Arkhangai, Dalanzadgad, and South Gobi - Commodity

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In traditional terms, Mongolia contains large reserves of mineral resources, livestock, agriculture, textiles and energy production materials. In addition, Mongolia contains large quantities of sunlight, wind, water, recycled materials, agriculture, livestock, buildings and ingenuity. As camel herder Bud described to us, the production of wool is so high and the market price is so low that herders are dumping it into the environment rather than bring it to market. However, value-add production and new uses for the wool could raise the market price and create local business opportunities. Some value-add uses include natural fiber rope used for animal husbandry or shelter construction, felt production for organic air filters, insulation, clothing, and blankets. Certain types of wool can also be put through a catabolic process and formed into carbon nanotubes, which are used in electronics for energy storage.

Due to the popularity of drinking vodka for cultural celebrations, empty glass bottles can be found throughout the countryside. This excess amount of glass could easily be recycled into building materials.

Milk and milk related products are highly nutritious and highly valued in the cities; however, distribution logistics from the herding camps to the city markets remains a barrier. Herders of sheep, camel, goat, yak, and cow will bring products such as Shar tos (Yak Milk Ye3llow Oil), Khailmag (Roo), Urom (bubble butter), Zhuukii (butter), Byaslag (cheese), and Tarag (yogurt) to the markets. The quality of the milk/milk products, particularly from the Arkhangai Aimag, is highly rated and the brand is valuable within Mongolia.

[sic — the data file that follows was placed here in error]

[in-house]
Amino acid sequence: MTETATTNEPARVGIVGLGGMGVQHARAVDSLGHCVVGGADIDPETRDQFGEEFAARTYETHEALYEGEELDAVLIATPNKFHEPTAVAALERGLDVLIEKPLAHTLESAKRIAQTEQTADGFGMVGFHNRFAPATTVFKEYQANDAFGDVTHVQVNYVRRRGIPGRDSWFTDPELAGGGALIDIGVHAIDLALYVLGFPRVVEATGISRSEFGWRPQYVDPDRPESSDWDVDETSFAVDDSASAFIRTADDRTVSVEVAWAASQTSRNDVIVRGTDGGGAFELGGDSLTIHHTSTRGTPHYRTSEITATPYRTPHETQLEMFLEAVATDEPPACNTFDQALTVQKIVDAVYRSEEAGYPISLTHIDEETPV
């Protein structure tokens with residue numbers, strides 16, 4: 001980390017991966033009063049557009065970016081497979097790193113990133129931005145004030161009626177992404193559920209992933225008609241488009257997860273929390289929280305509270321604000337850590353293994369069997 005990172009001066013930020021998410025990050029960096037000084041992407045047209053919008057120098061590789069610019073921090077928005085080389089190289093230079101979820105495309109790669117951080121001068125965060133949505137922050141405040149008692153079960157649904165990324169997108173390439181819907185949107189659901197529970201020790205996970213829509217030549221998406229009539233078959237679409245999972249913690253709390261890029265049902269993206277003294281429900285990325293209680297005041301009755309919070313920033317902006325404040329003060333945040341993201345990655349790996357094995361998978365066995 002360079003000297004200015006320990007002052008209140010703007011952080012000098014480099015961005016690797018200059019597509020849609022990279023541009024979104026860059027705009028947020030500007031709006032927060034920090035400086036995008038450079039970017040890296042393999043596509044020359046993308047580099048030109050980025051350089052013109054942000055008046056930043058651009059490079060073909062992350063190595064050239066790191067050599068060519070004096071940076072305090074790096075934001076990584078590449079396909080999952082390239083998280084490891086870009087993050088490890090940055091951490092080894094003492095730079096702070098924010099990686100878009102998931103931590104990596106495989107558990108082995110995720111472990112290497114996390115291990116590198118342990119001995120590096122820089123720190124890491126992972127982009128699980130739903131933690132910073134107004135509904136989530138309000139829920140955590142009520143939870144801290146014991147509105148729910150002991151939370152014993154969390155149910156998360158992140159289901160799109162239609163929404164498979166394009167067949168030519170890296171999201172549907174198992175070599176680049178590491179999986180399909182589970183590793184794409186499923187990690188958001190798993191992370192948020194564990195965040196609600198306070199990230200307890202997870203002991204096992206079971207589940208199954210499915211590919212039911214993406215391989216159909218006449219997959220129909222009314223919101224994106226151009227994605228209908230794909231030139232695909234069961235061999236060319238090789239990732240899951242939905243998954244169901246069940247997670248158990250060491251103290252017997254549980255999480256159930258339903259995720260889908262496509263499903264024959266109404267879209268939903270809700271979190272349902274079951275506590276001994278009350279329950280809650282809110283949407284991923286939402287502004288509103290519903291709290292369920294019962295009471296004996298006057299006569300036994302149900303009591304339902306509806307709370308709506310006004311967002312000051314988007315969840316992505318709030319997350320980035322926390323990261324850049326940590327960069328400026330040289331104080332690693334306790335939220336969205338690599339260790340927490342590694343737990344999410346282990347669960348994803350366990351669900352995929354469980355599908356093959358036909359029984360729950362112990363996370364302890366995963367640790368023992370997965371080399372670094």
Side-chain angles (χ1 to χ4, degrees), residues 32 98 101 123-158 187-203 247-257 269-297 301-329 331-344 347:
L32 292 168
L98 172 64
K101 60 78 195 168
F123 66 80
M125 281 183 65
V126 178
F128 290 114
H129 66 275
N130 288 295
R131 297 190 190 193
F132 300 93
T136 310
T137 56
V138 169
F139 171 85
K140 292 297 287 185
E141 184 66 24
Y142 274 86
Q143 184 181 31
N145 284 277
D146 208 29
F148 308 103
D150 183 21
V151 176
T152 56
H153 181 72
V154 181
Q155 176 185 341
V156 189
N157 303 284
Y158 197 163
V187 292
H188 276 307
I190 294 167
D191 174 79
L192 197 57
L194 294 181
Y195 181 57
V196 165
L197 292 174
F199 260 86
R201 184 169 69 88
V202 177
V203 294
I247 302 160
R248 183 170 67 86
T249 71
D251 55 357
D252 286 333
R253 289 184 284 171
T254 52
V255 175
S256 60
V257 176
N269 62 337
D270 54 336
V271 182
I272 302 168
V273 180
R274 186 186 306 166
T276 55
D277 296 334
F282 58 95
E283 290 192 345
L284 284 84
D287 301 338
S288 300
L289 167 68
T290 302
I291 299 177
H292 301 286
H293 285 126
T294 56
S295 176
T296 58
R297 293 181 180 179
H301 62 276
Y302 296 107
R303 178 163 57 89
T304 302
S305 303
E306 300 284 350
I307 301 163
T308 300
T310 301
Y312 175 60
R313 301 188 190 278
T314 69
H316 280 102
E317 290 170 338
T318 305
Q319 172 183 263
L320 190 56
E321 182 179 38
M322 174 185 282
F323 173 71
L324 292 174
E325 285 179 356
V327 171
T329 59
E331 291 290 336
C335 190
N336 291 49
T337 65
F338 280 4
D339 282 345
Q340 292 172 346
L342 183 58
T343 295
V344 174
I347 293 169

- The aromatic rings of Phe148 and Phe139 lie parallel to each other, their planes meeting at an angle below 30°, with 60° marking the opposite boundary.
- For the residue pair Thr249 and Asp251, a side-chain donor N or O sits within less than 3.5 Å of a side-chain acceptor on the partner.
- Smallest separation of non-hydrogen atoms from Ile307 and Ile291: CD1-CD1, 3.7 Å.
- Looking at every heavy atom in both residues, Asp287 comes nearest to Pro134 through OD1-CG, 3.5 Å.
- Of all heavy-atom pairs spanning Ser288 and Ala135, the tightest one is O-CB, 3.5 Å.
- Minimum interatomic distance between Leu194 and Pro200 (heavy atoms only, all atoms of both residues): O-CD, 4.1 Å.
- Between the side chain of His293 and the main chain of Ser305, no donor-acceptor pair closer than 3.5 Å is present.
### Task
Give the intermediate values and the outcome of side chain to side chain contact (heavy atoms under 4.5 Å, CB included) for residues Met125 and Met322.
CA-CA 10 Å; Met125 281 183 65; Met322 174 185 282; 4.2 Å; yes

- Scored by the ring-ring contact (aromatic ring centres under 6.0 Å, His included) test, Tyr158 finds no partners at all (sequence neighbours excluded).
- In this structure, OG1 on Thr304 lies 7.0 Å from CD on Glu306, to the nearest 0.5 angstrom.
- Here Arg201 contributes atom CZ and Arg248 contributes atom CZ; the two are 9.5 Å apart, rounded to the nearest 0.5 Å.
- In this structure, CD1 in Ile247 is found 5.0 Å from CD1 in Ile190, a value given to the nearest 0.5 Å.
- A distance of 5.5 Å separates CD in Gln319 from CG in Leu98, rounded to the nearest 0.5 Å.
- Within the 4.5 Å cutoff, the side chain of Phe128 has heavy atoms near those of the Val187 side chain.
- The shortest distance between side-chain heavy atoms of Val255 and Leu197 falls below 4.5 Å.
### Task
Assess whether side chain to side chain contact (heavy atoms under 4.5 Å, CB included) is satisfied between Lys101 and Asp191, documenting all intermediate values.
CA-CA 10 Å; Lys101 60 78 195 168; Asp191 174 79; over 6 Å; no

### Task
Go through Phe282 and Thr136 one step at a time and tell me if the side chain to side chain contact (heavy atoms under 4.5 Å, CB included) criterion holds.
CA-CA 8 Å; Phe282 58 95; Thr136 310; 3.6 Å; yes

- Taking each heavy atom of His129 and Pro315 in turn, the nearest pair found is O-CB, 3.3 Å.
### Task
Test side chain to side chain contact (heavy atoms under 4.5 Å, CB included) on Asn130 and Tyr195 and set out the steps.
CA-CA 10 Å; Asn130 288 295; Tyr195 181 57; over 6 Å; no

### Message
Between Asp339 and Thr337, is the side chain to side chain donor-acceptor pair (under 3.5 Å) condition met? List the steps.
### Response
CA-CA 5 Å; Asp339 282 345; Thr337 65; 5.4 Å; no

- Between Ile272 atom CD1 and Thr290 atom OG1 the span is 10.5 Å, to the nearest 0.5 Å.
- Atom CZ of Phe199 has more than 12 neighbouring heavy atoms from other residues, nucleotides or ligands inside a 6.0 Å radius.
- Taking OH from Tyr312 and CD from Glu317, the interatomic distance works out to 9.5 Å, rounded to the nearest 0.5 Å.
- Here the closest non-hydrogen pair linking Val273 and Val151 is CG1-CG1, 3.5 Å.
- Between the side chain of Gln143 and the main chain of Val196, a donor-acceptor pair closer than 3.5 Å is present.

Animals (sheep, goats, dogs, yaks, cows, and horses) have significant commodity and money value. Livestock can be traded at markets and between herders and can be used to produce food or work. An intersection between commodity and money value manifests as a commonly understood social agreement in which; if an automobile driver hits and kills or injures a herder's animal, there is a set price that driver will pay to the herder.

Trees appear frequently in some highland regions and less frequently in others. In the Arkhangai aimag, pine trees are plentiful; however, due to a beetle infestation, many of the trees are dying and presenting a fire risk. Logging the dead trees for firewood, building materials, or fencing could improve forest health and provide a cheap feedstock for many processes. Forestation efforts in the Gobi Desert hope to expand the presence of Saksaul trees in the environment.

Large vacant buildings are also a commodity in Mongolia. During the historical Russian occupation, many larger over-engineered buildings were built. These sturdy buildings provide the location for various types of production facilities, especially facilities requiring temperature control.

Date Entered: July 2010